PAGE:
• the traditional era (1956-1966), during which Oriental practices were closely observed;
  • the progressive era (1967-1972), characterized by a mixing of styles and the development of competitive heroes;
  • the contact era (1973-1980), brought about by technological advances, including innovations in equipment, in the martial arts practiced in America;
  • the international era (1981-1992), identified by the open acceptance of multicultural martial arts;
  • the reality era (1993-2000), during which no-holds-barred fighting gave rise to and emphasized striking and grappling skills; and
  • the contemporary era (2001-present), partly triggered by the events of 11 September 2001, after which Americans renewed their interest in the original intent of karate: self-defense."(Beasley, Jerry, Mastering Karate, Human Kinetics, 2002, by permission of author)

While there are modern systems with names like American Kenpo Karate (Ed Parker), The American Karate System (Ernest Lieb) and even American Freestyle Karate (early tournament champion Dan Anderson) American karate, as noted, isn’t a specific style and no one person can claim to be its founder.[neutrality is disputed]

Pop culture[edit]

While it is accurate to say that Asian films and actors (i.e., Bruce Lee and Jackie Chan), perpetuate the image of Oriental mystique, American karate practitioners have been a large part of putting the martial arts squarely into modern pop culture via television and movies. They include Chuck Norris, Jeff Speakman, Mark Dacascos, and Wesley Snipes.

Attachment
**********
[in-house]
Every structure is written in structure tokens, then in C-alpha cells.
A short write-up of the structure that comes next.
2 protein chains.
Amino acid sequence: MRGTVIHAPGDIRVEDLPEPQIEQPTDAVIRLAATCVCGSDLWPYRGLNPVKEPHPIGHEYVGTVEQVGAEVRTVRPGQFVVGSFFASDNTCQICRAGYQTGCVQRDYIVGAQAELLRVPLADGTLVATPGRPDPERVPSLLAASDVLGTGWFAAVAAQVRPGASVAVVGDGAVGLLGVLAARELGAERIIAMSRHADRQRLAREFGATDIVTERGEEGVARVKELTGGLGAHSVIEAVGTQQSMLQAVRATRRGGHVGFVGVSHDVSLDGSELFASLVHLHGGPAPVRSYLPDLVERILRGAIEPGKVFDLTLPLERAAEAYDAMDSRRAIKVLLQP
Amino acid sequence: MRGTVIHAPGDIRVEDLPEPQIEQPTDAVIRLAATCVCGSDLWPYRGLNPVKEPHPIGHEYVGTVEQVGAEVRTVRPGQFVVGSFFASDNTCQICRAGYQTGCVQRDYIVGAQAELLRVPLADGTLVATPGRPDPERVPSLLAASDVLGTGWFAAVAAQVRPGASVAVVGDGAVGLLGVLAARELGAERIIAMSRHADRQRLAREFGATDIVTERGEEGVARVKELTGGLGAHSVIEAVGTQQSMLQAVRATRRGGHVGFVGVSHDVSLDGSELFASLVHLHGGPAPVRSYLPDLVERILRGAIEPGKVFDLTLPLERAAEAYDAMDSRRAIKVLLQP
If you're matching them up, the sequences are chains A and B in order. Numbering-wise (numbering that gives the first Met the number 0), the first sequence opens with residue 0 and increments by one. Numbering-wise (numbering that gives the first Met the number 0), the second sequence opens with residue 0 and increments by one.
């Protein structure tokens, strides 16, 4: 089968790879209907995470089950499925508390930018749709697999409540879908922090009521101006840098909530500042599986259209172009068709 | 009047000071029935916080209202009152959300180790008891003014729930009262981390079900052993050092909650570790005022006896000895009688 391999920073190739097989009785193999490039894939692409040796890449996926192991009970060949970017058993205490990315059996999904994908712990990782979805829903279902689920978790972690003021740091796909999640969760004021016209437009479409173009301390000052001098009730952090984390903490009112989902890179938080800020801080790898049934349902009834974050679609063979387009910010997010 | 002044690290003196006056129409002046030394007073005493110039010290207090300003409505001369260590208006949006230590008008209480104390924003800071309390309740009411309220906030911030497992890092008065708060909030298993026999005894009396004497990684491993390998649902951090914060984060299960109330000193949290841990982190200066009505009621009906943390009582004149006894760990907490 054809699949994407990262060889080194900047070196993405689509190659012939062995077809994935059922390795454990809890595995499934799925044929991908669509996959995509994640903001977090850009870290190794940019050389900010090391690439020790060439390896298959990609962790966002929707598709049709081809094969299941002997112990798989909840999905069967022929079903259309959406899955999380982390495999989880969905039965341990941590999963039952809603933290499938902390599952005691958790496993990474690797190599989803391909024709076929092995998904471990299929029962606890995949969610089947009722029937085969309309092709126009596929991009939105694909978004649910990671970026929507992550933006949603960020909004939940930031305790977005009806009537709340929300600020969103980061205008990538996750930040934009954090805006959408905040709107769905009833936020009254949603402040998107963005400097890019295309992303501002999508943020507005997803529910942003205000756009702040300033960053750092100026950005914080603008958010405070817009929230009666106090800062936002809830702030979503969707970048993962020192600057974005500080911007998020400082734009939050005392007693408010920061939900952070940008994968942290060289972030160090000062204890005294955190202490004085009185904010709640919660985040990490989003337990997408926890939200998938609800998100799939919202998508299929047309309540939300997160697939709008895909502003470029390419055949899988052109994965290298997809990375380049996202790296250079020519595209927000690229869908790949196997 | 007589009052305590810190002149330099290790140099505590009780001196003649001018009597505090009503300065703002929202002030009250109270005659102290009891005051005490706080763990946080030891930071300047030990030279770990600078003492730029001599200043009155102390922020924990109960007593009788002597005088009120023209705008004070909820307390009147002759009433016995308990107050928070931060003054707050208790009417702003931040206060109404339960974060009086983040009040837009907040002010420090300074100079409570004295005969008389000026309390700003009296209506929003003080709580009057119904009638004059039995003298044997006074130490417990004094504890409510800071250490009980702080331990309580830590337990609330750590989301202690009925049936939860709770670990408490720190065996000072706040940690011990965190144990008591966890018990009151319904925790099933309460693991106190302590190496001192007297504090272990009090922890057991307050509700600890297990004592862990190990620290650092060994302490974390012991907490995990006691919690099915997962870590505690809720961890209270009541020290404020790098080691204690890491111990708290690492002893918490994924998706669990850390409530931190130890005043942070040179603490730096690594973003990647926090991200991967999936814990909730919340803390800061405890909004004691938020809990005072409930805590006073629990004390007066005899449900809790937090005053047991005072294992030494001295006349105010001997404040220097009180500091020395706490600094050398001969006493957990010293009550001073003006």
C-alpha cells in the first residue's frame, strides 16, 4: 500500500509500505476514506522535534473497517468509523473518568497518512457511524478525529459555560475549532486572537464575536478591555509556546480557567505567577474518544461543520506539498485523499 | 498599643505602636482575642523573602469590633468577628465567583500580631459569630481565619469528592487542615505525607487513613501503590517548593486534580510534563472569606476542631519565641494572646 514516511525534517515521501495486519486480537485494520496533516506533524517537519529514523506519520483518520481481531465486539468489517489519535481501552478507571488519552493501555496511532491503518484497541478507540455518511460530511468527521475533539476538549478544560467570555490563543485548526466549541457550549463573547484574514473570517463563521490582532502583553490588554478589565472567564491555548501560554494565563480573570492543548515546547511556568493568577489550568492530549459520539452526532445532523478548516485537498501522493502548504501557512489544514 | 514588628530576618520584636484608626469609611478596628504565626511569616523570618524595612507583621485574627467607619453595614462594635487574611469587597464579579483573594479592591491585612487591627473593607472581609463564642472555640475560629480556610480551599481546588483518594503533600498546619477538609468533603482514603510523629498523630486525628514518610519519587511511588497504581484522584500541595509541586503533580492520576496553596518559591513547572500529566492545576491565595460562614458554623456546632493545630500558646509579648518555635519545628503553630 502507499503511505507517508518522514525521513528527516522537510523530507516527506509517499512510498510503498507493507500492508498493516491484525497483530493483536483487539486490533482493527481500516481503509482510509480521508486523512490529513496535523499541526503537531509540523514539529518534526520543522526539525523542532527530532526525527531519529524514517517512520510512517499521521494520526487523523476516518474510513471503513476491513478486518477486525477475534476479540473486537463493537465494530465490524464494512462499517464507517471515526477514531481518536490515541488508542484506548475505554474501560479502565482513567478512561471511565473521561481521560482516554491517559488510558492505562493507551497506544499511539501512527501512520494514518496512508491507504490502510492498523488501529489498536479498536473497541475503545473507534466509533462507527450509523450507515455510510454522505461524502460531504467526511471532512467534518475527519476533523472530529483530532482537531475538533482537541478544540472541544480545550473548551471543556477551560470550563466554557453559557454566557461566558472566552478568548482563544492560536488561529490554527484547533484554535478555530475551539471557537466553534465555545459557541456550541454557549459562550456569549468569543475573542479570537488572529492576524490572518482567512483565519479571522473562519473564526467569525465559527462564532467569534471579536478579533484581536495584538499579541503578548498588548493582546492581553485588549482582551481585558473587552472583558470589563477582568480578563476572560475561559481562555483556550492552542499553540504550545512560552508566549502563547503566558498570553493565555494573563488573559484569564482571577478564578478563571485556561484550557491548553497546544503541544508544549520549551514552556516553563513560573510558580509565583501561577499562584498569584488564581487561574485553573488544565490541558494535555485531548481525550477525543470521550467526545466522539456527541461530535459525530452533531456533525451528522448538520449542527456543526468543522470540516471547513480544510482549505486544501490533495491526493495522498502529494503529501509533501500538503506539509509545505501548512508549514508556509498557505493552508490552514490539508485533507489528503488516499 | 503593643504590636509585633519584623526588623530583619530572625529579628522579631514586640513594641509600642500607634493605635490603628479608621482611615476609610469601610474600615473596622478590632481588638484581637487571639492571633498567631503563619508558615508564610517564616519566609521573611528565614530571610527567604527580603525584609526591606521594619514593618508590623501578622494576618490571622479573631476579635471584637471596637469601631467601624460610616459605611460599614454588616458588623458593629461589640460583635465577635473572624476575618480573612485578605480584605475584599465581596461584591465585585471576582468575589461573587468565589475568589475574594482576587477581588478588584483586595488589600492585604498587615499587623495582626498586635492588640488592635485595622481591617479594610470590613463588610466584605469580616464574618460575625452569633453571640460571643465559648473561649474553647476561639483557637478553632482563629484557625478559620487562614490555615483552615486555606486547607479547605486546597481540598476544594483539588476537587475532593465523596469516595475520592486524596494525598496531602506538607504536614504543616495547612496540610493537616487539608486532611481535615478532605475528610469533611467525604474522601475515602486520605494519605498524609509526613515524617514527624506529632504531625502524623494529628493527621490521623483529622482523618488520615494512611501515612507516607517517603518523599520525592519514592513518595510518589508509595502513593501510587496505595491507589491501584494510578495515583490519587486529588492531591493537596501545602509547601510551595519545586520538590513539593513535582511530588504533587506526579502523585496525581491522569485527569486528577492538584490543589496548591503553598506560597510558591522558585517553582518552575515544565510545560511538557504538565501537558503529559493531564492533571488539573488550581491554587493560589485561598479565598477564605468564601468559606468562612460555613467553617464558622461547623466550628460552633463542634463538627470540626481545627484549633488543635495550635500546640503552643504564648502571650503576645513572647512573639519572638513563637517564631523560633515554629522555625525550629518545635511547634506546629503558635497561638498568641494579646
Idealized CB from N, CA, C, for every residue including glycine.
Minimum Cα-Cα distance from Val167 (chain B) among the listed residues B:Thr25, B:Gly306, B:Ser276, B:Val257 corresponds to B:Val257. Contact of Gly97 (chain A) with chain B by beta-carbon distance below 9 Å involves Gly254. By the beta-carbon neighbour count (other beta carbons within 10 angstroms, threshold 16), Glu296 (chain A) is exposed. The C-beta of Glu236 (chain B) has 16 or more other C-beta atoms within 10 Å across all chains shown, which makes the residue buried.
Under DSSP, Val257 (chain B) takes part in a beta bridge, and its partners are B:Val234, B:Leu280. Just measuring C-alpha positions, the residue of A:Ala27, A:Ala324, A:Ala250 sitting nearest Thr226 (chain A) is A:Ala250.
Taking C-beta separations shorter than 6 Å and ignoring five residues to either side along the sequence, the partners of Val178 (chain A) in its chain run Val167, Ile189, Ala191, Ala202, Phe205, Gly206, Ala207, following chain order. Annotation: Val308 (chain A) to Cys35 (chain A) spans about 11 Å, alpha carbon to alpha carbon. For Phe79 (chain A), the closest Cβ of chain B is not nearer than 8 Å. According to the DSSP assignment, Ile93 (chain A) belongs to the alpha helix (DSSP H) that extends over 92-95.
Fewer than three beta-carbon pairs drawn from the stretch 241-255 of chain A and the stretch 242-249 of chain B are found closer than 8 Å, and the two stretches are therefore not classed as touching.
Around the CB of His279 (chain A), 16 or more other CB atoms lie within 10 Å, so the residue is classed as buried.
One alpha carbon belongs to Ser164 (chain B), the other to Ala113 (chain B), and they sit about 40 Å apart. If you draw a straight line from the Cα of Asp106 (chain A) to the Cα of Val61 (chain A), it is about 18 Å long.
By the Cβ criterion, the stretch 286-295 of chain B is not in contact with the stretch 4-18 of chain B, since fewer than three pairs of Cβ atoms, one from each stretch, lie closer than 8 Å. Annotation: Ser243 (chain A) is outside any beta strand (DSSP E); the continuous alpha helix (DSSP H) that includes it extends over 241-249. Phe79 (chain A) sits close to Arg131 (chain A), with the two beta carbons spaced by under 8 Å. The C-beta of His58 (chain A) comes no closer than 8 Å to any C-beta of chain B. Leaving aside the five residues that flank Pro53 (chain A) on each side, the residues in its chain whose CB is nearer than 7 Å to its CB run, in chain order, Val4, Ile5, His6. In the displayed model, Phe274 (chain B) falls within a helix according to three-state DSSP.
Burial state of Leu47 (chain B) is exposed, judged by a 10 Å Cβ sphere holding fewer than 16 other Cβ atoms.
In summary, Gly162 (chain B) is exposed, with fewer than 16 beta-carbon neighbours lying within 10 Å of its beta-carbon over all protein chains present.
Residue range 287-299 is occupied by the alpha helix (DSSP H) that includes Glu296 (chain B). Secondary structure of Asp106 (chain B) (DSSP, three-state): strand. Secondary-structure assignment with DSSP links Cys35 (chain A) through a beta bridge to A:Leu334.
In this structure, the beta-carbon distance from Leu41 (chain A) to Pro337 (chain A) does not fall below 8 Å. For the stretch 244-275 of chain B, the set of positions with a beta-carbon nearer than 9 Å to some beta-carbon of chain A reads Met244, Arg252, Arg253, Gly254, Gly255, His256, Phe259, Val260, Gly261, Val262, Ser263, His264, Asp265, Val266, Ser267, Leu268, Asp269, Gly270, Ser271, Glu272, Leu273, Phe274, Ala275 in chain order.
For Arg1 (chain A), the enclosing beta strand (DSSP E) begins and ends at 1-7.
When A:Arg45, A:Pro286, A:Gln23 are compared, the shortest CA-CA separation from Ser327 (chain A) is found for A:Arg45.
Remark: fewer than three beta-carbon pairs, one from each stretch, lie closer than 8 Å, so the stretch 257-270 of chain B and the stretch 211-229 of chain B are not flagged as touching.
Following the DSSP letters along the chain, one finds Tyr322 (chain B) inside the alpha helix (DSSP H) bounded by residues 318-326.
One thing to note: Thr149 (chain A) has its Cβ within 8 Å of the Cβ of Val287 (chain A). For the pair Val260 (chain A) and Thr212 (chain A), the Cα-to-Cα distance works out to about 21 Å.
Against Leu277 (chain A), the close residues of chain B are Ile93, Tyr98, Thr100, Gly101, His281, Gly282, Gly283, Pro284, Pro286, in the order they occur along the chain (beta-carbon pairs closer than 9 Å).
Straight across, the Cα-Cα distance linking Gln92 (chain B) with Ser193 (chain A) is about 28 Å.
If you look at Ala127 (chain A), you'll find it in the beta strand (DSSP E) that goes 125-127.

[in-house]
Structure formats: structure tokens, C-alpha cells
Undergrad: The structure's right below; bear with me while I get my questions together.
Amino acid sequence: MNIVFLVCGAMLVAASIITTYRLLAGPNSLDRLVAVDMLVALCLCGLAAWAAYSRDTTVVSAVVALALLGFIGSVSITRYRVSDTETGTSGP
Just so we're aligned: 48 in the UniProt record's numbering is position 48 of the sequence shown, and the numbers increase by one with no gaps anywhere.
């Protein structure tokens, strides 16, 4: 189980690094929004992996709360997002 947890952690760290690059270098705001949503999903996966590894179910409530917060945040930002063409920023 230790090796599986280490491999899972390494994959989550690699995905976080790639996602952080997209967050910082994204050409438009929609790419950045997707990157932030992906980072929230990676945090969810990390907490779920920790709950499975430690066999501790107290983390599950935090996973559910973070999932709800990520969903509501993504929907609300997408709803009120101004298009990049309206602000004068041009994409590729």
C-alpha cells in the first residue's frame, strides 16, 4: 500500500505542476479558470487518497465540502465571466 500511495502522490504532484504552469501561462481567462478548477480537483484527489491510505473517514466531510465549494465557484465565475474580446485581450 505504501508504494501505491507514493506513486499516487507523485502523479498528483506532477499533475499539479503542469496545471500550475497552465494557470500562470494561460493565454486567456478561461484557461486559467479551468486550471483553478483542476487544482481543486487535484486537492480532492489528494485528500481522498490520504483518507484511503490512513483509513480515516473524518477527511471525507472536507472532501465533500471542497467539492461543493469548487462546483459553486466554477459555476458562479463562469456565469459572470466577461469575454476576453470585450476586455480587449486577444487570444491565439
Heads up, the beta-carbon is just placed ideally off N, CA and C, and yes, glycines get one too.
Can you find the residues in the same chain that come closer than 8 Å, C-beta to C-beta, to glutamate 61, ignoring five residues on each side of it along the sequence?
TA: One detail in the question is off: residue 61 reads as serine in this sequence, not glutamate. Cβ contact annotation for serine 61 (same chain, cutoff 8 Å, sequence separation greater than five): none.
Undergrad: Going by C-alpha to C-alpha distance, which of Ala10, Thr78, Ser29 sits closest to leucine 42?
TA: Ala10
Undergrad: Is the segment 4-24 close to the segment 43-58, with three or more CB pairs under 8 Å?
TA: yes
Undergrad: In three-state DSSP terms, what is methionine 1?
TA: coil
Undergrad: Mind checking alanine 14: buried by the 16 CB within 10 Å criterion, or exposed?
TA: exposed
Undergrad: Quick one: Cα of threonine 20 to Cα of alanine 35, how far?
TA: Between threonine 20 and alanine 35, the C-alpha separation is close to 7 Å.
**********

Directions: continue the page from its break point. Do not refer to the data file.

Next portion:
Notes[edit]

  1. ^ http://www.ohiokarate.com/system.pdf
  2. ^ http://www.thekarateuniversity.com/historyofkarate.htm
  3. ^ "A Candid Interview With Jim Harrison: All You Ever Wanted to Know About the Blood-and-Guts Days of American karate but Were Afraid to Ask". Professional Karate Magazine. Nov-Dec, 1975. Print. (Pgs 20-22)
  4. ^ Martial Arts: Traditions, History, People, John Cocoran and Emil Farkas (1983), Gallery Books, ISBN 0-8317-5805-8 (Pg 328)
  5. ^ Kickboxing: The Modern Martial Art, Daniel Sipe (1994), Capstone Press, ISBN 1-56065-203-9 (Pg 9-12)

References[edit]

  1. The Development of American Karate: History and Skills, Jerry Beasley (1983), Bemjo Martial Arts Library, ISBN 0-943736-02-1
  2. Martial Arts: Traditions, History, People, John Cocoran and Emil Farkas (1983), Gallery Books, ISBN 0-8317-5805-8
  3. Korean Karate, Keith D. Yates and H. Bryan Robbins (1987), Sterling, ISBN 0-8069-6836-2
  4. The Karate Dojo: Traditions and Tales of a Martial Art, Peter Urban (1997), Tuttle Publishing, ISBN 0-8048-1703-0
  5. The Official History of Karate in America: The Golden Age: 1968–1986, Al Weiss (1997), ISBN 0-9615126-8-7
  6. The Complete Idiot's Guide to Tae Kwon Do, Karen Eden and Keith D. Yates (1998), Alpha Books, ISBN 0-02-862389-4
  7. The Complete Idiot's Guide to Karate, Randall G. Hassell (2000), Alpha Books, ISBN 0-02-863832-8
  8. The Ultimate Martial Arts Q & A Book: 750 Expert Answers to Your Essential Questions, John Cocoran, John Graden (2001), Contemporary Books, ISBN 0-8092-9444-3
  9. An Illustrated History of the Martial Arts in America, Emil Farkas (2007), Rising Sun Productions, ISBN 1-897307-90-X
  10. The Complete Guide to American Karate and Tae Kwon Do, Keith D. Yates (2008), Blue Snake Books, ISBN 1-58394-215-7